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By Sherrie M. Flynn 

In a recent decision, the Supreme Court held that a chapter 11 debtor-licensor’s rejection of a trademark license agreement under Section 365 of the Bankruptcy Code does not terminate the license granted in the agreement. In Mission Product Holdings, Inc. v. Tempnology, LLC, 139 S.Ct. 1652 (2019), the trademark license at issue was an executory contract (a contract not fully performed by either party). Bankruptcy law permits a debtor to reject an executory contract if, in the debtor’s judgement, the contract is no longer a benefit to the debtor. The question before the Supreme Court was whether the debtor-licensor’s rejection of the trademark licensing agreement deprives the licensee of its rights to use the trademark. The Supreme Court held it does not, ruling that a rejection of an executory contract breaches the contract, which allows the licensee to attempt to collect damages from the debtor’s estate, but the rejection does not permit the debtor to rescind the contract. Therefore, all the rights conveyed to the licensee in the trademark licensing agreement remain in place, so long as the licensee continues to perform its obligations under the contract.

The Court’s decision went against most previous decisions by lower courts, which held a licensor’s rejection of a trademark license agreement in bankruptcy terminated the license and the licensee’s rights to use the trademarks. In its ruling, however, the Supreme Court made it clear that rejection of a trademark licensing agreement and, with very limited exceptions, other executory contracts, under the Section 365 of the Bankruptcy Code has the same effect as a breach of contract outside of bankruptcy, and that a rejection cannot rescind rights previously granted. The Supreme Court’s ruling affords the same rights under bankruptcy to licensees of trademarks as it does for other types of intellectual property such as patents.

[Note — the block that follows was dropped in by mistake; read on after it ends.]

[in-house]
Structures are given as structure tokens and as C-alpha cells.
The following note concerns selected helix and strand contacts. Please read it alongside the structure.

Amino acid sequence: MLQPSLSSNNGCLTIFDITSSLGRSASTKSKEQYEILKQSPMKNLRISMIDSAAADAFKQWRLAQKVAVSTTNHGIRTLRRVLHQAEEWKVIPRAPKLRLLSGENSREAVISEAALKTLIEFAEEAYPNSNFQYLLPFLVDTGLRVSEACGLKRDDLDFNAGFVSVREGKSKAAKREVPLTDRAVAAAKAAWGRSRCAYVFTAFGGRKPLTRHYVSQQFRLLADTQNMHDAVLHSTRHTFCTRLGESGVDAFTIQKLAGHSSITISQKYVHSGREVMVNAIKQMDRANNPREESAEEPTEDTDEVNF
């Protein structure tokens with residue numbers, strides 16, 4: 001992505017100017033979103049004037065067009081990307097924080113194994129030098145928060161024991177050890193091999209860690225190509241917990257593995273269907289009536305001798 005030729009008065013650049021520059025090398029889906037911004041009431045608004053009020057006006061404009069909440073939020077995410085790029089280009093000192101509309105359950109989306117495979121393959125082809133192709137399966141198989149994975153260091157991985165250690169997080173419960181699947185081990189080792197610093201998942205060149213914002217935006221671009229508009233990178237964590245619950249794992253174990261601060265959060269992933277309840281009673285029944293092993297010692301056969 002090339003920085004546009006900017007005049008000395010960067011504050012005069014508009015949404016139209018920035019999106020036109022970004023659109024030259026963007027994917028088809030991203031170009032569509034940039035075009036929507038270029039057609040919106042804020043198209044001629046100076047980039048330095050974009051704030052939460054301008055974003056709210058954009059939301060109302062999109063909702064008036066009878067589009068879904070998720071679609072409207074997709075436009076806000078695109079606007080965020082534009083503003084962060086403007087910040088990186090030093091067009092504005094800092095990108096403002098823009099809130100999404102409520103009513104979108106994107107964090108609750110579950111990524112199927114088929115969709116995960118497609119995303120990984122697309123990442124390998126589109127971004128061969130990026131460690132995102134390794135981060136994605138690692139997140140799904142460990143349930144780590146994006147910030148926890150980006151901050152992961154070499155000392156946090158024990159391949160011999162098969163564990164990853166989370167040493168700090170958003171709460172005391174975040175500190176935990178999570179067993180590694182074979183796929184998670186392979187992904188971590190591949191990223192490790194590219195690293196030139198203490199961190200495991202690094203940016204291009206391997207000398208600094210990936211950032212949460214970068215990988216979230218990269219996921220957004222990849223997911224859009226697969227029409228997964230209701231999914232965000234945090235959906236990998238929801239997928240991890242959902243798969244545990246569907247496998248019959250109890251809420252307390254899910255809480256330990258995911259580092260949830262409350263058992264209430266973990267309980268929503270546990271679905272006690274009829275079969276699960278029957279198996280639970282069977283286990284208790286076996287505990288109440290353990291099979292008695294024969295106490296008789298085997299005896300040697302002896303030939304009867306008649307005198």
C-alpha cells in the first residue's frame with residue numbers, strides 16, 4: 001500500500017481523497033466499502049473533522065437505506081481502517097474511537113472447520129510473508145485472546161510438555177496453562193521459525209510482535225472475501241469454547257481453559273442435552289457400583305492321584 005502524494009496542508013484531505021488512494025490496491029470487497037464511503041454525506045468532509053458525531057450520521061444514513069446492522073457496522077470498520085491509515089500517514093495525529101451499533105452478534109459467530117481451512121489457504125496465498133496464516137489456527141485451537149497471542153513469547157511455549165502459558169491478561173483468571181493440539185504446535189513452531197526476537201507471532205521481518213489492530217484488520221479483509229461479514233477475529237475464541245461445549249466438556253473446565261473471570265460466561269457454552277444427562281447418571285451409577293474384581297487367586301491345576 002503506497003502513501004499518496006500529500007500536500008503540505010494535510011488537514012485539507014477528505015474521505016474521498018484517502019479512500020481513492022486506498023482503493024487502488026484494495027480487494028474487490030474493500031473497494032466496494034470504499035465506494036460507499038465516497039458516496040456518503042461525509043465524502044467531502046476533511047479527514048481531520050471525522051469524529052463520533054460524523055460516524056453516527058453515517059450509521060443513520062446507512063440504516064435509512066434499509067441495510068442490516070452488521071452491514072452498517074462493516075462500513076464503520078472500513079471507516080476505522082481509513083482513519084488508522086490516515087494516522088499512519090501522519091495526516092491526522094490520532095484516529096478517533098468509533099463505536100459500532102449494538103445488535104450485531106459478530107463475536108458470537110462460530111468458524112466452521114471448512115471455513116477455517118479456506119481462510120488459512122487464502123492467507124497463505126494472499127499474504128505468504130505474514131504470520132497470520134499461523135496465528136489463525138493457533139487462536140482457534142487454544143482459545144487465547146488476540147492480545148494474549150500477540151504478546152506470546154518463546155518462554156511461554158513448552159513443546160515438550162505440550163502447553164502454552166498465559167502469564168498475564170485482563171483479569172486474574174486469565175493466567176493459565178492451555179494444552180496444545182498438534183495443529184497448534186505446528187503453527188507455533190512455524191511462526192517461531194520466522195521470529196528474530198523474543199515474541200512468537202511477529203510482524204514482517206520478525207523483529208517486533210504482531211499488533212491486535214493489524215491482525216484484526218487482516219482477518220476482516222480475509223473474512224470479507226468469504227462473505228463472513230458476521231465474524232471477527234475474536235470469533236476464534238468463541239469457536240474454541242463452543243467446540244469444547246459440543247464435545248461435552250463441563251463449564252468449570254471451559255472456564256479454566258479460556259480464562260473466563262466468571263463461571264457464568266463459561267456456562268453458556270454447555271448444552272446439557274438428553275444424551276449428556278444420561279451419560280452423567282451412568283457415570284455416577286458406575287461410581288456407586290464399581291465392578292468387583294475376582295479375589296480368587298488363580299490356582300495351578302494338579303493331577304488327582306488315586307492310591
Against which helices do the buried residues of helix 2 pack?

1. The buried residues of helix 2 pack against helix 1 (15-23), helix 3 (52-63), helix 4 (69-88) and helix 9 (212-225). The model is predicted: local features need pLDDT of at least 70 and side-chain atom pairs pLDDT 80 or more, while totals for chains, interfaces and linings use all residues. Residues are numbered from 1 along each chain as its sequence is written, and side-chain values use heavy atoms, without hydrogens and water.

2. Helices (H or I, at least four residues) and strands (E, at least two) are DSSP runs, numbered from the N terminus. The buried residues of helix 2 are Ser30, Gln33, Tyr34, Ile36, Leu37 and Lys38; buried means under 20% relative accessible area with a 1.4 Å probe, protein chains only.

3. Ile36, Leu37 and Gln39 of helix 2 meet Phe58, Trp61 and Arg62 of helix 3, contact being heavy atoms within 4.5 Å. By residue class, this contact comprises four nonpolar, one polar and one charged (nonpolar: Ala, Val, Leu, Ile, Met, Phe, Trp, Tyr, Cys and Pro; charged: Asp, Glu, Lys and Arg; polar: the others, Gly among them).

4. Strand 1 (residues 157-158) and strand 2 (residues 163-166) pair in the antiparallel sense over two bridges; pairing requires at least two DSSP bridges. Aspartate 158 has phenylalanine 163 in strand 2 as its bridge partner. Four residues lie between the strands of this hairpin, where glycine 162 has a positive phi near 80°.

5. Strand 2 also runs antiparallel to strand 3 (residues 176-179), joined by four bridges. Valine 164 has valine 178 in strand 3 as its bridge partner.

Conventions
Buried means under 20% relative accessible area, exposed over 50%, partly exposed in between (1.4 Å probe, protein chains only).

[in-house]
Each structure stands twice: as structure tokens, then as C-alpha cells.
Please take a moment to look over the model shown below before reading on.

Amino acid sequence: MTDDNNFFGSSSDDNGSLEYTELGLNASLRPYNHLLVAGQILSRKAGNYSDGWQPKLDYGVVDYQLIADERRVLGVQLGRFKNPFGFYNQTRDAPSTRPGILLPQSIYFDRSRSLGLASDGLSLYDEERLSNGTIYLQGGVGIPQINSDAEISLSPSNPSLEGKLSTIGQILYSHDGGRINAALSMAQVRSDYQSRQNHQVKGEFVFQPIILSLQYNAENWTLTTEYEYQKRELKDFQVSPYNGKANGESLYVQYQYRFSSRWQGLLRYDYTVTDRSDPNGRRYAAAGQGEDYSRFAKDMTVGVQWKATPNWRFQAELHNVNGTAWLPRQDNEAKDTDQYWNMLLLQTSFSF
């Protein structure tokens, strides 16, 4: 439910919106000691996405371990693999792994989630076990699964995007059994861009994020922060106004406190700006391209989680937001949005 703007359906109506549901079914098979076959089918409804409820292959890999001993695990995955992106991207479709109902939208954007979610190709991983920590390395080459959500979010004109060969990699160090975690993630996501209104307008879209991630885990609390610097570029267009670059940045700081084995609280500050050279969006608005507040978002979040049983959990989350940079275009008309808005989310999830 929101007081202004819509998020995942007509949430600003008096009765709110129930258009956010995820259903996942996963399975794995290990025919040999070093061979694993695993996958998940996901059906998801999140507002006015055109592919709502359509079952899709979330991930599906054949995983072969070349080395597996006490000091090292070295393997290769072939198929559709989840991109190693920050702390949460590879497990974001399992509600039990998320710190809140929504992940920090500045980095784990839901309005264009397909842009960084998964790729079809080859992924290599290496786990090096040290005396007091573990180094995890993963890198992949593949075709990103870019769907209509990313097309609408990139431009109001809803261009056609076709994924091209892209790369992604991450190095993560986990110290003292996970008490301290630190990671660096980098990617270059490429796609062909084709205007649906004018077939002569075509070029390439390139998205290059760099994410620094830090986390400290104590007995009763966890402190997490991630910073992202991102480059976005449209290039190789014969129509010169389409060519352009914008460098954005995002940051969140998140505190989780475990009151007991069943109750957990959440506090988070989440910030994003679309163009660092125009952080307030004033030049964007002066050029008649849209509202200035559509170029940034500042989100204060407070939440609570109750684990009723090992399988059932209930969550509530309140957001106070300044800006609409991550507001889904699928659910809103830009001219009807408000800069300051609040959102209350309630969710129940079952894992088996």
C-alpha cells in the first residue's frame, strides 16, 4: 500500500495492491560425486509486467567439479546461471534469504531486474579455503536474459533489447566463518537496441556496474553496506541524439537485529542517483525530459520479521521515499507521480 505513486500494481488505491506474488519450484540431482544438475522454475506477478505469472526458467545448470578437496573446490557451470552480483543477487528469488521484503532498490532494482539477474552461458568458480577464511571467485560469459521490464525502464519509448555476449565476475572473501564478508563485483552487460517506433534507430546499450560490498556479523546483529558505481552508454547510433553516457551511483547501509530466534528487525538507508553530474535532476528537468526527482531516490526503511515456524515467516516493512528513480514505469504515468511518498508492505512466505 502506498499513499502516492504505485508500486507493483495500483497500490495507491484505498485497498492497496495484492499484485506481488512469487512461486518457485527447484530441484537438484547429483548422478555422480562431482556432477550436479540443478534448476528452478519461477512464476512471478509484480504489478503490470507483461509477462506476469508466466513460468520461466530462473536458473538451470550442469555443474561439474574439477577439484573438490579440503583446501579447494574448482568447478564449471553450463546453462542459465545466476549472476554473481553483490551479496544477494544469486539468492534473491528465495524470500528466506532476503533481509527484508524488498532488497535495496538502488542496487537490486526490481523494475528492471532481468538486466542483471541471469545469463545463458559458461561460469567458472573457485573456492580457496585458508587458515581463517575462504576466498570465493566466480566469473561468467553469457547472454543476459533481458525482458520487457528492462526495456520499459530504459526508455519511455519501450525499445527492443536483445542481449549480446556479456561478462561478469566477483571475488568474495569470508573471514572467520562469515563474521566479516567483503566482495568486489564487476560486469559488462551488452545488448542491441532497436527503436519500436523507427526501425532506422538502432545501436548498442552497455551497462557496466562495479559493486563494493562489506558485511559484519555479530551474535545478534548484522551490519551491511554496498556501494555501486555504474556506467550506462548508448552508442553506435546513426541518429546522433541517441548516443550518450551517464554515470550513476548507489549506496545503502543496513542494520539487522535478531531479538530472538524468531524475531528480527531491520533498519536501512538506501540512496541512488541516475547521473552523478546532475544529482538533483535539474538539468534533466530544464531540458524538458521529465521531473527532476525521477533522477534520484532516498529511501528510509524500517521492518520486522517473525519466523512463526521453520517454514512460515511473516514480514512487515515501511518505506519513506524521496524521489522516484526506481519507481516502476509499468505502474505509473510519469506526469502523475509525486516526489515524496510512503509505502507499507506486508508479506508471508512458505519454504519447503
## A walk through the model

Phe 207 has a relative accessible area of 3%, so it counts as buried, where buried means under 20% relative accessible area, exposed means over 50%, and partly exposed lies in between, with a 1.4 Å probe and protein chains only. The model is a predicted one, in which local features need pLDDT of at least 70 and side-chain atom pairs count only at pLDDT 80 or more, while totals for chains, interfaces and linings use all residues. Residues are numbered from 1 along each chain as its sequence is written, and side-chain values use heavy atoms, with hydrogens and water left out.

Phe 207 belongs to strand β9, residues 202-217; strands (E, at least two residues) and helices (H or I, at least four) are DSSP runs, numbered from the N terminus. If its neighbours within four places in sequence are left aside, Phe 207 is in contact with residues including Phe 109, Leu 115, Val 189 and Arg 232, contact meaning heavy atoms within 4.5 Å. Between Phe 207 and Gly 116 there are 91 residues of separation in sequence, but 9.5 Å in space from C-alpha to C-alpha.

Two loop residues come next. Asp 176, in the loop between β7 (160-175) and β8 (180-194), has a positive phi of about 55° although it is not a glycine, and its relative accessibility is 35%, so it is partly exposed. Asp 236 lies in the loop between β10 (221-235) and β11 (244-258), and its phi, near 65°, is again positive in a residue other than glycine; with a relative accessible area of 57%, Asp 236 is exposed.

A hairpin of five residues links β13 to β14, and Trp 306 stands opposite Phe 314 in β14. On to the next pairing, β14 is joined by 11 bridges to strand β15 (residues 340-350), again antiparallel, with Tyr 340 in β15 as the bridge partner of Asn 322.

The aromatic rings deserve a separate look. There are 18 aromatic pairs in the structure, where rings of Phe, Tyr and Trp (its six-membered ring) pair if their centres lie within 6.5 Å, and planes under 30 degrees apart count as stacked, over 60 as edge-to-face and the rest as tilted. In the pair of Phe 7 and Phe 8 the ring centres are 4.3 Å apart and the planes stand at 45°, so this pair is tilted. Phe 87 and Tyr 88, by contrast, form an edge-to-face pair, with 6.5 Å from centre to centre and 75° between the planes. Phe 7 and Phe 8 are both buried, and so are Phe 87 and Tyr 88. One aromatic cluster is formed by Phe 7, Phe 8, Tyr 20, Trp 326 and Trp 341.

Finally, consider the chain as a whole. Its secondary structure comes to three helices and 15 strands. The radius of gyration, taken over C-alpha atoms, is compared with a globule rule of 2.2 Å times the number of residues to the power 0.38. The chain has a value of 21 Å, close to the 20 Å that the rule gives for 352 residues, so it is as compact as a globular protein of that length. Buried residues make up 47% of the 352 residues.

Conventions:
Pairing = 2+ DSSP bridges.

The author, Sherrie M. Flynn, is a partner at Coleman & Horowitt, LLP, where she works in the firm’s litigation department. Sherrie is a graduate of Carnegie Mellon University and received her law degree at San Joaquin College of Law, where she served as the managing editor of the Agricultural Law Review. She is registered as a patent attorney with the USPTO and represents clients in intellectual property matters including patent prosecution, copyright, trademark, trade dress, and trade secrets and enforcement. She also represents clients in intellectual property, complex commercial, business, and unfair competition litigation as well as alternative dispute resolution. She can be reached at (559) 248-4820 or